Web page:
Date:
Location:
THM 116

"Ribosomes in Gene Regulation: Controlling the Diversity of Proteins Made in Specific Cells, Tissues, and Organisms"

SelfieDr. Maria Barna | Barna Lab

BIO:
Dr. Barna obtained her B.A. in Anthropology from New York University and her Ph.D. from Cornell University, Weill Graduate School of Medicine. Dr. Barna was subsequently appointed as a UCSF Fellow through the Sandler Fellows program, which enables exceptionally promising young scientists to establish independent research programs immediately following graduate school. She is presently an Associate Professor in the Genetics Department at Stanford University. Dr. Barna has received a number of distinctions including being named a Pew Scholar, Alfred P. Sloan Research Fellow, and top ’40 under 40’ by the Cell Journal. She has received the Basil O’ Connor Scholar Research Award and the NIH Directors New Innovator Award. She is the recipient of the Elizabeth Hay Award, H.W. Mossman Award, Tsuneko and Reiji 'Okazaki Award', American Society for Cell Biology Emerging Leader Prize, the Rosalind Franklin Young Investigator Award, and the RNA Society Early Career Award. She is presently a NYSCF Robertson Stem Cell Investigator.

Abstract:
Work from our lab has changed the view that ribosomes are passive, indiscriminate machines. Our studies suggest that the translation machinery is a more dynamic, macromolecular complex with complex and specialized roles in the cell. A major interest in the lab is centered on understanding how ribosomes dictate when and where proteins are made to direct rapid and dynamic cell fate transitions. We study both the functional roles of ribosomes in normal mammalian development and in disease states such as ribosomopathies. We employ a wide-variety of technologies including mass spectrometry, sub cellular resolution imaging, as well as sequencing platforms to characterize ribosomes and their variation at the level of protein, rRNA, and modifications. Ultimately, the goals of the lab are to know how ribosomes function in sub cellular space, across different cell types, and the biological meaning of ribosome-mediated control of gene expression towards organismal development and evolution. Our recent research efforts are also centered on understanding how changes in the translatome influence tissue regeneration and regenerative potential across different kingdoms of life.

Check out the seminar here!

Date:
Location:
THM 116

"Human Origins and Dispersals: Fossil and Genomic Perspectives"

SelfieHugo Reyes-Centeno HEVA (Human Evolution & Virtual Anthropology Lab) EduceLab

Dr. Hugo Reyes-Centeno is an evolutionary anthropologist specializing on the emergence of modern human anatomy and behavior over the last million years. In addition, he conducts inter-disciplinary research on human biocultural diversity and the study of natural and cultural heritage worldwide. Prior to joining the University of Kentucky in 2020 as Assistant Professor of Anthropology, he served as Scientific Coordinator and co-founder of the Center for Advanced Studies “Words, Bones, Genes, Tools” at the University of Tübingen (Germany), where he also completed a dissertation in the Institute of Archaeological Science and the Senckenberg Centre for Human Evolution and Paleoenvironments. His research has appeared in Cell, PNAS, Journal of Human Evolution, and PLoS Genetics, among other venues. He has performed paleontological and archaeological fieldwork in France, Italy, Peru, the Philippines, and Spain. Currently, he serves as Co-PI of the NSF-funded EduceLab: Infrastructure for Next Generation Heritage Science.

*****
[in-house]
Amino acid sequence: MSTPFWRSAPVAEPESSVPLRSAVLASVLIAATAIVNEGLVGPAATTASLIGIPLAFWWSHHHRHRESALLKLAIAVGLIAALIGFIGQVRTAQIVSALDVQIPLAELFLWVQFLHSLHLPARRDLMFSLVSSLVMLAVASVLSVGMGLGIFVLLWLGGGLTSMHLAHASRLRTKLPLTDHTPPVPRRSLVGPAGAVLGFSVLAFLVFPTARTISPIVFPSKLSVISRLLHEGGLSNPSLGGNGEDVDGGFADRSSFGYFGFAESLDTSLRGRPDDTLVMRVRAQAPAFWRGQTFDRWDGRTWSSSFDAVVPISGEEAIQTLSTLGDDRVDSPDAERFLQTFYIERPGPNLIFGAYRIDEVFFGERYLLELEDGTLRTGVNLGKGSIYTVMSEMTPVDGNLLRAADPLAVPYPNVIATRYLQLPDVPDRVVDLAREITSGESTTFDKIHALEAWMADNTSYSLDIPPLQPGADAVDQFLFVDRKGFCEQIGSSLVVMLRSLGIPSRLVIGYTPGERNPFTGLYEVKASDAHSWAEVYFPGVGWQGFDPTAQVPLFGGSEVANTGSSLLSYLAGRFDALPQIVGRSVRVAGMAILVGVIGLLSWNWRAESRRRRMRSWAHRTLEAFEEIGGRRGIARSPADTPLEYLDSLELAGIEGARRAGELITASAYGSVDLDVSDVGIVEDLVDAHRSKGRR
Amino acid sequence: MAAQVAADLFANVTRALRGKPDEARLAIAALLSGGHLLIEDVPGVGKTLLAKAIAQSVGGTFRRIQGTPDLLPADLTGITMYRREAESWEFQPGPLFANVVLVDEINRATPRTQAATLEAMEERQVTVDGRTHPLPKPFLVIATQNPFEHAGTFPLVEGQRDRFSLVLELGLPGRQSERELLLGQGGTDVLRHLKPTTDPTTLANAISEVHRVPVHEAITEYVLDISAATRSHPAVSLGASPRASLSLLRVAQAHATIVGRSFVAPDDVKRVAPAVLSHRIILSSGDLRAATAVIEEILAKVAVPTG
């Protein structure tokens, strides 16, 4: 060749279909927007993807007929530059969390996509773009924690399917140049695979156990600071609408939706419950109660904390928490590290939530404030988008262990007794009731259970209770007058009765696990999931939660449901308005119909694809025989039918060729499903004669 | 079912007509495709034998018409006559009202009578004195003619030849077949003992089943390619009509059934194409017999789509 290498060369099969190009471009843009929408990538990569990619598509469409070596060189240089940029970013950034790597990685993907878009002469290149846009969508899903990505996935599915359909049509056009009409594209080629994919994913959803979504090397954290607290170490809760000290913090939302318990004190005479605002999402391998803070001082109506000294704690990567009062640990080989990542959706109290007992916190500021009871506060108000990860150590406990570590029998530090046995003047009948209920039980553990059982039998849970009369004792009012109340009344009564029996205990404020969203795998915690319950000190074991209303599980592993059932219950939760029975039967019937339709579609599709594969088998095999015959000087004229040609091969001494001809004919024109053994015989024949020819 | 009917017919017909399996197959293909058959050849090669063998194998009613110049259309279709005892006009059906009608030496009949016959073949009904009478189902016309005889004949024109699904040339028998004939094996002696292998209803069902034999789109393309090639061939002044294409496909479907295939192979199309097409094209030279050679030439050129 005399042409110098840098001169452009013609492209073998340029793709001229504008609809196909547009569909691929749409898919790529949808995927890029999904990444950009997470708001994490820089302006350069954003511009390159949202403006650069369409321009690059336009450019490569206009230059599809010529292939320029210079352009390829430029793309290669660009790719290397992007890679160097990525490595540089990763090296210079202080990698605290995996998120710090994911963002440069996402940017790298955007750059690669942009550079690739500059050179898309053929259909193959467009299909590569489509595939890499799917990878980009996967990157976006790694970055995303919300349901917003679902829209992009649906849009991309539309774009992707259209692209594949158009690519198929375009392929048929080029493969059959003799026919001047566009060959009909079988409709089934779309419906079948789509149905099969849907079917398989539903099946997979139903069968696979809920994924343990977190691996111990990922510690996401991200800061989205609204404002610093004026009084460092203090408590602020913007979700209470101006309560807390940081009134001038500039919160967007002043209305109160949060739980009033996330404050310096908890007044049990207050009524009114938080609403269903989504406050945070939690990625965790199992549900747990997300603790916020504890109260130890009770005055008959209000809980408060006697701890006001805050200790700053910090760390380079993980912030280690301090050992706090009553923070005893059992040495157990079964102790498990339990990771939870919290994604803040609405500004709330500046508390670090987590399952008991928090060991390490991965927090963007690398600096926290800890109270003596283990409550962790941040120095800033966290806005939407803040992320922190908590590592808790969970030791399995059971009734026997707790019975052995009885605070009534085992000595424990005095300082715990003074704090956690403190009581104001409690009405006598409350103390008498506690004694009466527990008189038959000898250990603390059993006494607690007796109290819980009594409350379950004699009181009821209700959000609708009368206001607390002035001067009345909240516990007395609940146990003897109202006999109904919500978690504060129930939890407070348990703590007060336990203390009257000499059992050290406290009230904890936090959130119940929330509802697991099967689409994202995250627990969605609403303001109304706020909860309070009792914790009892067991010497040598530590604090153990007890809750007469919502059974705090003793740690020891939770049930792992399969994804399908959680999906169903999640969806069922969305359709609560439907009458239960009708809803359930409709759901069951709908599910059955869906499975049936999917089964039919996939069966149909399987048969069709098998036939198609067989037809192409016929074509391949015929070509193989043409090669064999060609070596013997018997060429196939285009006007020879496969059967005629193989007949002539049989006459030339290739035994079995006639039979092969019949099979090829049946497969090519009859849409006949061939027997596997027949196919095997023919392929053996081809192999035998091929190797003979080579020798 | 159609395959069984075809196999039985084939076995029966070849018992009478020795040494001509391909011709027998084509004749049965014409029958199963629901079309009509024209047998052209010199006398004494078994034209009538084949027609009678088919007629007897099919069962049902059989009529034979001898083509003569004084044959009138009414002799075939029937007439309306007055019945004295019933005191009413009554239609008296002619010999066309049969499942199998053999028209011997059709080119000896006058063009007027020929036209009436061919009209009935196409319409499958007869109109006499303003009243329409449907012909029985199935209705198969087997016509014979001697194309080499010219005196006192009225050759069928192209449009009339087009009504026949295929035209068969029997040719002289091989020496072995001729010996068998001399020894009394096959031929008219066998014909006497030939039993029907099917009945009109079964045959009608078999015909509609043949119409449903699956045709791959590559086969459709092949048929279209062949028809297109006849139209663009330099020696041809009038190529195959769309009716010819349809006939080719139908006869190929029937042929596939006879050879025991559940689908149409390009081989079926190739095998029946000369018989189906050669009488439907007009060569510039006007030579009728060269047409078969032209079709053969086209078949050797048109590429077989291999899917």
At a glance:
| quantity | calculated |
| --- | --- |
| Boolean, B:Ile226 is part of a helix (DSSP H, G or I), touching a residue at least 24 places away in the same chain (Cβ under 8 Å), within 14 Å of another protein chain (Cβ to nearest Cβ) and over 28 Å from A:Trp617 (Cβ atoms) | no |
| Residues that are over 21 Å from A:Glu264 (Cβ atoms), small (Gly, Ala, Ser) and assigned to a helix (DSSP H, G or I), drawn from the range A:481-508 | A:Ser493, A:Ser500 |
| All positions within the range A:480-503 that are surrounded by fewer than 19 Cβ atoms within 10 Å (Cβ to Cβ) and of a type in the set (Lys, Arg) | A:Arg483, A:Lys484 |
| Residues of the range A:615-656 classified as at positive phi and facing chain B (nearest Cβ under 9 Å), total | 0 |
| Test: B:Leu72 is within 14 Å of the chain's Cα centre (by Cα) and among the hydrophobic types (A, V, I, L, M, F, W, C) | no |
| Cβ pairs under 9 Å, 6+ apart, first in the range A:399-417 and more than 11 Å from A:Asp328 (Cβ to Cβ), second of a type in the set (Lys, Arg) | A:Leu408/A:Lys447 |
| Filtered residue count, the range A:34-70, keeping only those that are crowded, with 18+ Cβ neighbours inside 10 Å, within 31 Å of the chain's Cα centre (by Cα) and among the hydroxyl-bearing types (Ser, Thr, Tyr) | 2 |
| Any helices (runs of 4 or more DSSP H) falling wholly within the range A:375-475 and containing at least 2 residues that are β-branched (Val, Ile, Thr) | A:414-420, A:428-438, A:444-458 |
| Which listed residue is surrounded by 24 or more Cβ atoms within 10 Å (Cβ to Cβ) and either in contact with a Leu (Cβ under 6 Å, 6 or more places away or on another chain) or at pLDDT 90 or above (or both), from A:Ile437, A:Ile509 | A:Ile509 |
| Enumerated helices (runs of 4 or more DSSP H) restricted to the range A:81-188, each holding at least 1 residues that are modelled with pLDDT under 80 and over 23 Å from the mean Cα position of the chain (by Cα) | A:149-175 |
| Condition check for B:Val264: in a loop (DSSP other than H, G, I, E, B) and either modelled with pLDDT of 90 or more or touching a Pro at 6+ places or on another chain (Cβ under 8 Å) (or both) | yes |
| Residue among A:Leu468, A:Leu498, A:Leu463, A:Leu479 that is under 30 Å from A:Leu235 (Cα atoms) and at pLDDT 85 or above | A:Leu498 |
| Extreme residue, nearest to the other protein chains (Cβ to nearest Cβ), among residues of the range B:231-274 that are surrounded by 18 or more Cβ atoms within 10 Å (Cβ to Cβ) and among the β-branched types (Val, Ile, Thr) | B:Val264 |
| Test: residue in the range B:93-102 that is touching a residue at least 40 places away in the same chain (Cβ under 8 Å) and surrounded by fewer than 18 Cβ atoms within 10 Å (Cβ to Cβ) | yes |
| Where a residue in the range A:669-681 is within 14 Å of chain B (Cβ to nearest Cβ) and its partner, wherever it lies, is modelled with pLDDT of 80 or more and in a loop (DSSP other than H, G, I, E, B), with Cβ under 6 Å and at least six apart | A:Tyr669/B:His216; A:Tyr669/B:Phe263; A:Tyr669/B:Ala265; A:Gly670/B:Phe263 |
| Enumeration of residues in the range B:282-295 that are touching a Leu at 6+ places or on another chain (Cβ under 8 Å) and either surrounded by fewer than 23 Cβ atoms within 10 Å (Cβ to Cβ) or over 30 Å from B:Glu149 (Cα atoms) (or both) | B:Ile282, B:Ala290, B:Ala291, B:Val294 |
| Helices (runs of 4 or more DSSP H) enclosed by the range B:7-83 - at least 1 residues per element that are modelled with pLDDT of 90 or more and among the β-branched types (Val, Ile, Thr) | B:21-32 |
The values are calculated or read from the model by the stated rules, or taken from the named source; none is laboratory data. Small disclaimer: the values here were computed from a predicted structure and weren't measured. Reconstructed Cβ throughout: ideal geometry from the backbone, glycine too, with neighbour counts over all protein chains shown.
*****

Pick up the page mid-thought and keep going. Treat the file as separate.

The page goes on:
Abstract: Despite consensus on the emergence of anatomically modern humans in Africa and their subsequent dispersal into the rest of the world, the mode and timing of these processes remain controversial topics. In addressing them, data on human anatomical and genomic variation have sometimes generated conflicting inferences. Therefore, approaches that consider both lines of evidence under a common theoretical framework are important for reconciling competing evolutionary models. In this talk, I highlight research that tests competing models of human dispersal out of Africa, which applies quantitative genetic and population genetic methods to anatomical and genomic data. I discuss the caveats of these conclusions, including the influence of admixture between modern humans and other hominins. Furthermore, I examine how these findings align with the known human fossil record and a growing inventory of ancient genomes from archaeological and paleontological contexts. Finally, I review how ongoing field and laboratory projects in Eastern Africa, Southeast Asia, and South America shed light on human evolution, adaptations, and dispersals.

Group Map
Date:
Location:
THM 116

"Cold-blooded and Nowhere to Go: How Insects Survive the Winter"

Nicholas Teets

Insect species distributions are tightly linked to winter conditions. Surviving winter requires adaptations to cope with low temperatures and limited food resources, and much of our lab’s work focuses on the underlying mechanisms used by insects to survive extreme winter conditions. In this talk, I will primarily discuss our recent work on survival mechanisms of the Antarctic midge, which is the world’s southernmost insect and the only species endemic to Antarctica. This species can survive freezing of its body fluids for up to nine months a year, but it must also cope with considerable spatial and temporal variability in Antarctica’s unpredictable environments. Here, I will summarize how this impressive beast survives internal freezing, as well as the consequences of microhabitat variability and winter climate warming.

 

Larvae (left) and adults (right) of the Antarctic midge

 

 

Fieldwork

 

  

Date:
Location:
THM 116